The Deathbed of Robert, King of Naples
Research by David Walton
Acc No 53
Artist Alfred Elmore
Artist dates 1815-1881
Medium Oil on canvas
Size 38.5 x 64 in (97.7 x 162.6 cm)
Date painted 1847 -1848
Inscr: Signed and dated 1848
Donor Major Edwin Henry Booth (1887-1951), known
as Wyn, and John Kenyon Booth (1891-1970),
known as Kenny, in memory of their father, the
late John Booth.
Date donated 20 December 1943
Alfred Elmore RA was a Victorian history and genre painter. He was born at Clonakilty, County Cork on the day of Waterloo,18 June 1815, the son of Dr John Richard Elmore, an army surgeon, who retired from the British Army to Clonakilty.
When Elmore was twelve his family moved to London, which afforded him the opportunity to begin drawing from the sculptures in the British Museum. He entered the Royal Academy in 1832, exhibiting for the first time in 1834 with Subject from an Old Play. He was also an excellent watercolourist and his troubadour style was often compared to English Romantic landscape painter, Richard Parkes Bonington (1802-1828) and Victor Eugène Delacroix (1798-1863), the leader of the French Romantic school.
From 1833-1839 Elmore lived mainly in Paris. In 1840 he studied in Munich and then settled in Rome until 1842. Between 1840 and 1844 he also travelled across Europe, visiting Venice, Bologna and Florence.
Elmore returned to London and was elected ARA in 1845 and RA in 1857. Elmore seems to have been associated with ‘The Clique’, a group of young artists who saw themselves as followers of Hogarth and David Wilkie. By the late 1860s Elmore was moving away from such Hogarthian subjects towards a more classical style, influenced by Edward Poynter and Lawrence Alma-Tadema.
He exhibited at the RA between 1834 and 1880 and also at the British Institution; almost all of his subjects were from English, French or Italian history and Shakespeare. Only occasionally did he attempt scenes from modern life.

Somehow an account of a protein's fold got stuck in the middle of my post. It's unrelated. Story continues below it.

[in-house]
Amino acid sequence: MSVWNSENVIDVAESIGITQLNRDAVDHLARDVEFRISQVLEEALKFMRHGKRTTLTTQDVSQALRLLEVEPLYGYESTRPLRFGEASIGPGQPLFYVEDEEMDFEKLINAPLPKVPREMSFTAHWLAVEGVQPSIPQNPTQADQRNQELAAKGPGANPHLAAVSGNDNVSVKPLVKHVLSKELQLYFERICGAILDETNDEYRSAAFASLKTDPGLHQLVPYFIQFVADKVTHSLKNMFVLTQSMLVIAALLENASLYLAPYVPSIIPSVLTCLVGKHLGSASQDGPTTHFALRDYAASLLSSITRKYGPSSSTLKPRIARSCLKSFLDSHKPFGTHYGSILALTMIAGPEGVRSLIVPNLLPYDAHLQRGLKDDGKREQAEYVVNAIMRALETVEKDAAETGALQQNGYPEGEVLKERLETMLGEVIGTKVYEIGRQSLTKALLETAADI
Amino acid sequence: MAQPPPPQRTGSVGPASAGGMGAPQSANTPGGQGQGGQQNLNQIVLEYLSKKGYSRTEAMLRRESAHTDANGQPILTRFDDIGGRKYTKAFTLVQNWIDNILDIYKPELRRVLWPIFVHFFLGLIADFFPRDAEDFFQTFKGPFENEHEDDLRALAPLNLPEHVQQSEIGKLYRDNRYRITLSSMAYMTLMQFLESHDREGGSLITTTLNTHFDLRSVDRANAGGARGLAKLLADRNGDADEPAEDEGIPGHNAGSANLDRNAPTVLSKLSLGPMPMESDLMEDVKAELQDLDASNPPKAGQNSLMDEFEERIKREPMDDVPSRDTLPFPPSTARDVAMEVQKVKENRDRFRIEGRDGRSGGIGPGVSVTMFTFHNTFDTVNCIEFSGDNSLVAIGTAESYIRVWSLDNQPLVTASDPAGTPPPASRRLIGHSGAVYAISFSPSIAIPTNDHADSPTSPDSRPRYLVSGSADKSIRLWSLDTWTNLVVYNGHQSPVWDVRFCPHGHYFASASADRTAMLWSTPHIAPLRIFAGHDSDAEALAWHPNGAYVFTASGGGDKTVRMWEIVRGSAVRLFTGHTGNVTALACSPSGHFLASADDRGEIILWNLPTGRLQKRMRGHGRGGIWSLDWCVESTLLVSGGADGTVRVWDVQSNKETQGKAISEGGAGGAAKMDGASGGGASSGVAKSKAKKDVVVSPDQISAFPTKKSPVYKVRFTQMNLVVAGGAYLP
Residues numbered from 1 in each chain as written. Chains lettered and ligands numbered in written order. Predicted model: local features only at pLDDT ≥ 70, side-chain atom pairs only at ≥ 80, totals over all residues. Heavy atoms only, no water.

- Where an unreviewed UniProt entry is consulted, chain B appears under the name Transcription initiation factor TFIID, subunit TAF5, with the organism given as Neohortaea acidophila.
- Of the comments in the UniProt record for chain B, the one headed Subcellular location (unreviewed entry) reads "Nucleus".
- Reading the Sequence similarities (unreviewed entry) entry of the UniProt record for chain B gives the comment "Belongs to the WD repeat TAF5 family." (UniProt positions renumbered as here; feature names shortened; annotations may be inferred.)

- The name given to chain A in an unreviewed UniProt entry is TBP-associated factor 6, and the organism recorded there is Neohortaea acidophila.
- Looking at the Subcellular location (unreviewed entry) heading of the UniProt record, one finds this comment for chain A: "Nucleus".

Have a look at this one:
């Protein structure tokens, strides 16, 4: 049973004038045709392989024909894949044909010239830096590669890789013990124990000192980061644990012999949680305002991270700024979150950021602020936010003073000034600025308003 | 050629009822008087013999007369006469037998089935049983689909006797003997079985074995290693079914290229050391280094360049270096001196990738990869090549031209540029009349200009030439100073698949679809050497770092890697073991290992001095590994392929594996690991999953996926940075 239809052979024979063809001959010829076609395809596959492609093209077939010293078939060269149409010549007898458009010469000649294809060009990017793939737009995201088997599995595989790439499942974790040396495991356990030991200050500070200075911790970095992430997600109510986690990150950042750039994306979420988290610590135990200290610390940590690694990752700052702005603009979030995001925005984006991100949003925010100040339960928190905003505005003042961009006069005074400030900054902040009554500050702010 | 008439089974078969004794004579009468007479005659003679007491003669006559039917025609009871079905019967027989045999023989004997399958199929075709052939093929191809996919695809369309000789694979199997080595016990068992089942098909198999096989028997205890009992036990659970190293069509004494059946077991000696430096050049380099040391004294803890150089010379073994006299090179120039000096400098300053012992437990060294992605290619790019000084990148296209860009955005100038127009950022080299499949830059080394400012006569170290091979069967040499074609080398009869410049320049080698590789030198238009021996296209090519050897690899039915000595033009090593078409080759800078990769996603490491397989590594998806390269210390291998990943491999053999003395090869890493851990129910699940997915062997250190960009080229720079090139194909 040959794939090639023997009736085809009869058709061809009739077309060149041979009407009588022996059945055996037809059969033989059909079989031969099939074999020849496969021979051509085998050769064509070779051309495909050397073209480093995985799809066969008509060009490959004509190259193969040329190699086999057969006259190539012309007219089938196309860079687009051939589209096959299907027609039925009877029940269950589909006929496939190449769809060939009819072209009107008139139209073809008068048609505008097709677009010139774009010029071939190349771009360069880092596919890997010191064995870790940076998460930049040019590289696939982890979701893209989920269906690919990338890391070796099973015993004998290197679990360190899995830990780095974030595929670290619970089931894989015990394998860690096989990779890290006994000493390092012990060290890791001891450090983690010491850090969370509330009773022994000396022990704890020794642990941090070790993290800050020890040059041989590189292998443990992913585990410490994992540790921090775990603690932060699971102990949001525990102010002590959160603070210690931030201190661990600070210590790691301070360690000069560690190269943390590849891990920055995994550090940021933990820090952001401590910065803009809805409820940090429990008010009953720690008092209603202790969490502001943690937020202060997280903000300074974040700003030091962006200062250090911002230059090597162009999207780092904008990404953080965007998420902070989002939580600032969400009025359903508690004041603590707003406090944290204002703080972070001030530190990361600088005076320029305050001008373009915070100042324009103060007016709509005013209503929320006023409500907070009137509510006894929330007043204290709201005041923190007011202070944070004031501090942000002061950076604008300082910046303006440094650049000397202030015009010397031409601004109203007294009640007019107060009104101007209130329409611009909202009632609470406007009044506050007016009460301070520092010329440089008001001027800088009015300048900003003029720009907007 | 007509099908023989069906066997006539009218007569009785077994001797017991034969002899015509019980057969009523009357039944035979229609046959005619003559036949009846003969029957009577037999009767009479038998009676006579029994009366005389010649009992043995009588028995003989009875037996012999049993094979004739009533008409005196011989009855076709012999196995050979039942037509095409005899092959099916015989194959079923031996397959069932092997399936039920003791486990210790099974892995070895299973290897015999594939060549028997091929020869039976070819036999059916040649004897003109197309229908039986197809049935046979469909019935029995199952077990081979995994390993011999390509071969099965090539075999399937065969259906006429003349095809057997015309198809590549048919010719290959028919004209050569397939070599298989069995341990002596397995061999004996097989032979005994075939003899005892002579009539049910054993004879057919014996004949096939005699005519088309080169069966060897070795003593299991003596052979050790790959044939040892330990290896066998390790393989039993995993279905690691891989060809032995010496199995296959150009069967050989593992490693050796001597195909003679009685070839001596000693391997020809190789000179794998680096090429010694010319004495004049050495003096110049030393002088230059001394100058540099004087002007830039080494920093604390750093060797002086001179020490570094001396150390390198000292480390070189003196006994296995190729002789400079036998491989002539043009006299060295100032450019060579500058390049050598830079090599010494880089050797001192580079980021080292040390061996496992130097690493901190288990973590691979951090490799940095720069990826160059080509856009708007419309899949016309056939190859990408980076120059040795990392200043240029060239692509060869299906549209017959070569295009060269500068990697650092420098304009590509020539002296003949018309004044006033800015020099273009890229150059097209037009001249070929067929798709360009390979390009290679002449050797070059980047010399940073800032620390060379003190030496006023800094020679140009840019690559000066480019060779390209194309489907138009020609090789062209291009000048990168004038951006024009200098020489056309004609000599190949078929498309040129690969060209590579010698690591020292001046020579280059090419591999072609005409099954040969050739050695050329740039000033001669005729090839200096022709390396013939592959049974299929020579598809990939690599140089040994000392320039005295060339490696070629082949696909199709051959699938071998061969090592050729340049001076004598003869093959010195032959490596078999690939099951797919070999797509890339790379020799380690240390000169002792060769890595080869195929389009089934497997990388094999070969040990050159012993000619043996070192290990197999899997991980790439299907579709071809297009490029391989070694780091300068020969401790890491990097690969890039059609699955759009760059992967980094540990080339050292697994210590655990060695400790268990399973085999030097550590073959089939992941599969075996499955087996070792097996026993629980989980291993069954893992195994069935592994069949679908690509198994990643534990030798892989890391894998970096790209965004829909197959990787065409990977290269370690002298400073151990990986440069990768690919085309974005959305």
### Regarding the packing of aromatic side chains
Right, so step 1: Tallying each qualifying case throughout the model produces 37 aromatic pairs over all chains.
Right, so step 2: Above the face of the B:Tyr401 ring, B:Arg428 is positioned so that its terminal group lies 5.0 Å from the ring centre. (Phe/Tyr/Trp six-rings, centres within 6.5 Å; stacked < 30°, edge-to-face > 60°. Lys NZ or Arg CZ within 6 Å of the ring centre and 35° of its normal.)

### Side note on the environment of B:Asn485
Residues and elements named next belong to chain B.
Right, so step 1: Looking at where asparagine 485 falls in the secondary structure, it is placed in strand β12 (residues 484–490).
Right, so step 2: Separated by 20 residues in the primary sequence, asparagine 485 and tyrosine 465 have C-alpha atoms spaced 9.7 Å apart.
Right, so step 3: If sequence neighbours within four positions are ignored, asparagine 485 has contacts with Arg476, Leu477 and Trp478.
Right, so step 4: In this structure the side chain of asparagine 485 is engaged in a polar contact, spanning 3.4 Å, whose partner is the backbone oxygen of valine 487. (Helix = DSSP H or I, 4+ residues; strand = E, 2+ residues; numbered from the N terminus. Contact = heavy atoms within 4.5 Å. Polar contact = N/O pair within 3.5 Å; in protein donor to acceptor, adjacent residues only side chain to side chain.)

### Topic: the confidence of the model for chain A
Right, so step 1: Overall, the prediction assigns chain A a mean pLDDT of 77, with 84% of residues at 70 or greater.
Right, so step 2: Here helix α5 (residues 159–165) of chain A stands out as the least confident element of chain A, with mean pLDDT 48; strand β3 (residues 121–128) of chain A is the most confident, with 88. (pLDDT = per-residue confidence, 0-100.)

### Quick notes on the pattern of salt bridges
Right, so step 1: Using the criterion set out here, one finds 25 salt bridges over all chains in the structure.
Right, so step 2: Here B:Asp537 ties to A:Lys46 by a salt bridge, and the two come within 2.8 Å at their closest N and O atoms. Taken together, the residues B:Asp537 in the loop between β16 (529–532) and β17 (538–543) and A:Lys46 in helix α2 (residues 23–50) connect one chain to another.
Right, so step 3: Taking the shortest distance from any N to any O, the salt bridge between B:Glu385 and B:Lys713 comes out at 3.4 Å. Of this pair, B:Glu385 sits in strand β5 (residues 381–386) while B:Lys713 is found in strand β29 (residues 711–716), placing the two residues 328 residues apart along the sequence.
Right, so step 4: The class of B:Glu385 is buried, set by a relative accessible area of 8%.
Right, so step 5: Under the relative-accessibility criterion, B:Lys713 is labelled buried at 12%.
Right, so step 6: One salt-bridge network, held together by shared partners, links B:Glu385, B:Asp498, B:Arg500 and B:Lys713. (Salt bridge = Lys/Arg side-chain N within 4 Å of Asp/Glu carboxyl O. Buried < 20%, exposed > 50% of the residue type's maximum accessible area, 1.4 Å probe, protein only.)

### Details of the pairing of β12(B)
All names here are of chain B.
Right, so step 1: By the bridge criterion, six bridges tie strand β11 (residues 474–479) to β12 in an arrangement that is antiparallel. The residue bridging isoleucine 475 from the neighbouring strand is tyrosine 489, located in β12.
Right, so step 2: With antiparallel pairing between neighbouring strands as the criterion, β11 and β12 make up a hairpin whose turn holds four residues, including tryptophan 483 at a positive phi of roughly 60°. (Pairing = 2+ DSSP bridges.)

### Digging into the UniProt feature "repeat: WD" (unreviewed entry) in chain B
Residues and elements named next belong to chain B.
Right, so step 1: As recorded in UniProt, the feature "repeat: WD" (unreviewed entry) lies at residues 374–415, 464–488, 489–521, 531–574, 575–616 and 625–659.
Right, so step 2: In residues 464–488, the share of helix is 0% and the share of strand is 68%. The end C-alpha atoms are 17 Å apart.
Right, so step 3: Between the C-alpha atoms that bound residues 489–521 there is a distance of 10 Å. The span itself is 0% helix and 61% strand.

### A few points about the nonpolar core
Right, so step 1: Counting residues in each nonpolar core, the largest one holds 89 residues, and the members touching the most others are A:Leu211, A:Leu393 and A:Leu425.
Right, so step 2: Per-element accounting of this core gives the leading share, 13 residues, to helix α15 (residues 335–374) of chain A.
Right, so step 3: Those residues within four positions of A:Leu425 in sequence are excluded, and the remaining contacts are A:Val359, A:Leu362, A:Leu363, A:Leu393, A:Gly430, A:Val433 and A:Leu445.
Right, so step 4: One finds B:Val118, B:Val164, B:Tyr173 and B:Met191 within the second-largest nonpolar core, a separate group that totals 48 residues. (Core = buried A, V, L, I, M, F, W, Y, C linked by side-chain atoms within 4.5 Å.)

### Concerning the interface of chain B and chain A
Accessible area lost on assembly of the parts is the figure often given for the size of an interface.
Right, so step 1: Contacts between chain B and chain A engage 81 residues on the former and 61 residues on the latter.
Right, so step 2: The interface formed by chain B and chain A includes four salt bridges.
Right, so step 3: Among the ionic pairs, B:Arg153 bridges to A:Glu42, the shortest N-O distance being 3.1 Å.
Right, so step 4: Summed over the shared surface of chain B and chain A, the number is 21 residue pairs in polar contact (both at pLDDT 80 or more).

Robert King of Naples Background:
Robert, in this painting, is Robert of Anjou (1278-1343), known as Robert the Wise. He was King of Naples, titular King of Jerusalem and Count of Provence and Forcalquier from 1309 to 1343; the central figure of Italian politics of his time. He was the third, but eldest, surviving son of King Charles II of Naples, (the Lame), and Maria of Hungary. During his father's lifetime he was styled Duke of Calabria (1296-1309). Once King, Robert was nicknamed "The Peacemaker of Italy" due to the significant changes he made to Naples, which went from a dirty seaport to a city of elegance and medieval splendour during his reign. The arts and the university also flourished with students coming from all over Italy to study. Giotto painted several works for him. He was remembered by Petrarch and Boccaccio as a cultured man and a generous patron of the arts.
His last descendant through a legitimate line was Queen Joanna II of Naples.
The painting shows Robert, King of Naples in 1343 with a crowd of figures around his bed. He sits upright to embrace a girl kneeling before him, possibly his 16 year old granddaughter, Joanna I of Naples, who was his successor. A nurse is seen plumping his pillow behind, and his crown is visible at the foot of the bed, beside a man holding a small open box, possibly his solicitor about to document his last will and testament. A ‘loyal courtier’ is seen sitting to his right, and a young woman holding a small child to his left. Many of the figures appear to be ‘the Good and the Wise’, as depicted in the title of the painting, with genuine concern over the King’s health and a stable transition to his successor. However, the two people standing next to the ‘loyal courtier’ look menacingly at the solicitor opposite.
The British Museum
Andrew Greg @ Glasgow University
'This painting was exhibited at the Royal Academy in 1848 (282). So it can be safely dated 1847-8. Algernon Graves's 'The Royal Academy of Arts: a complete dictionary of contributors ... to 1904'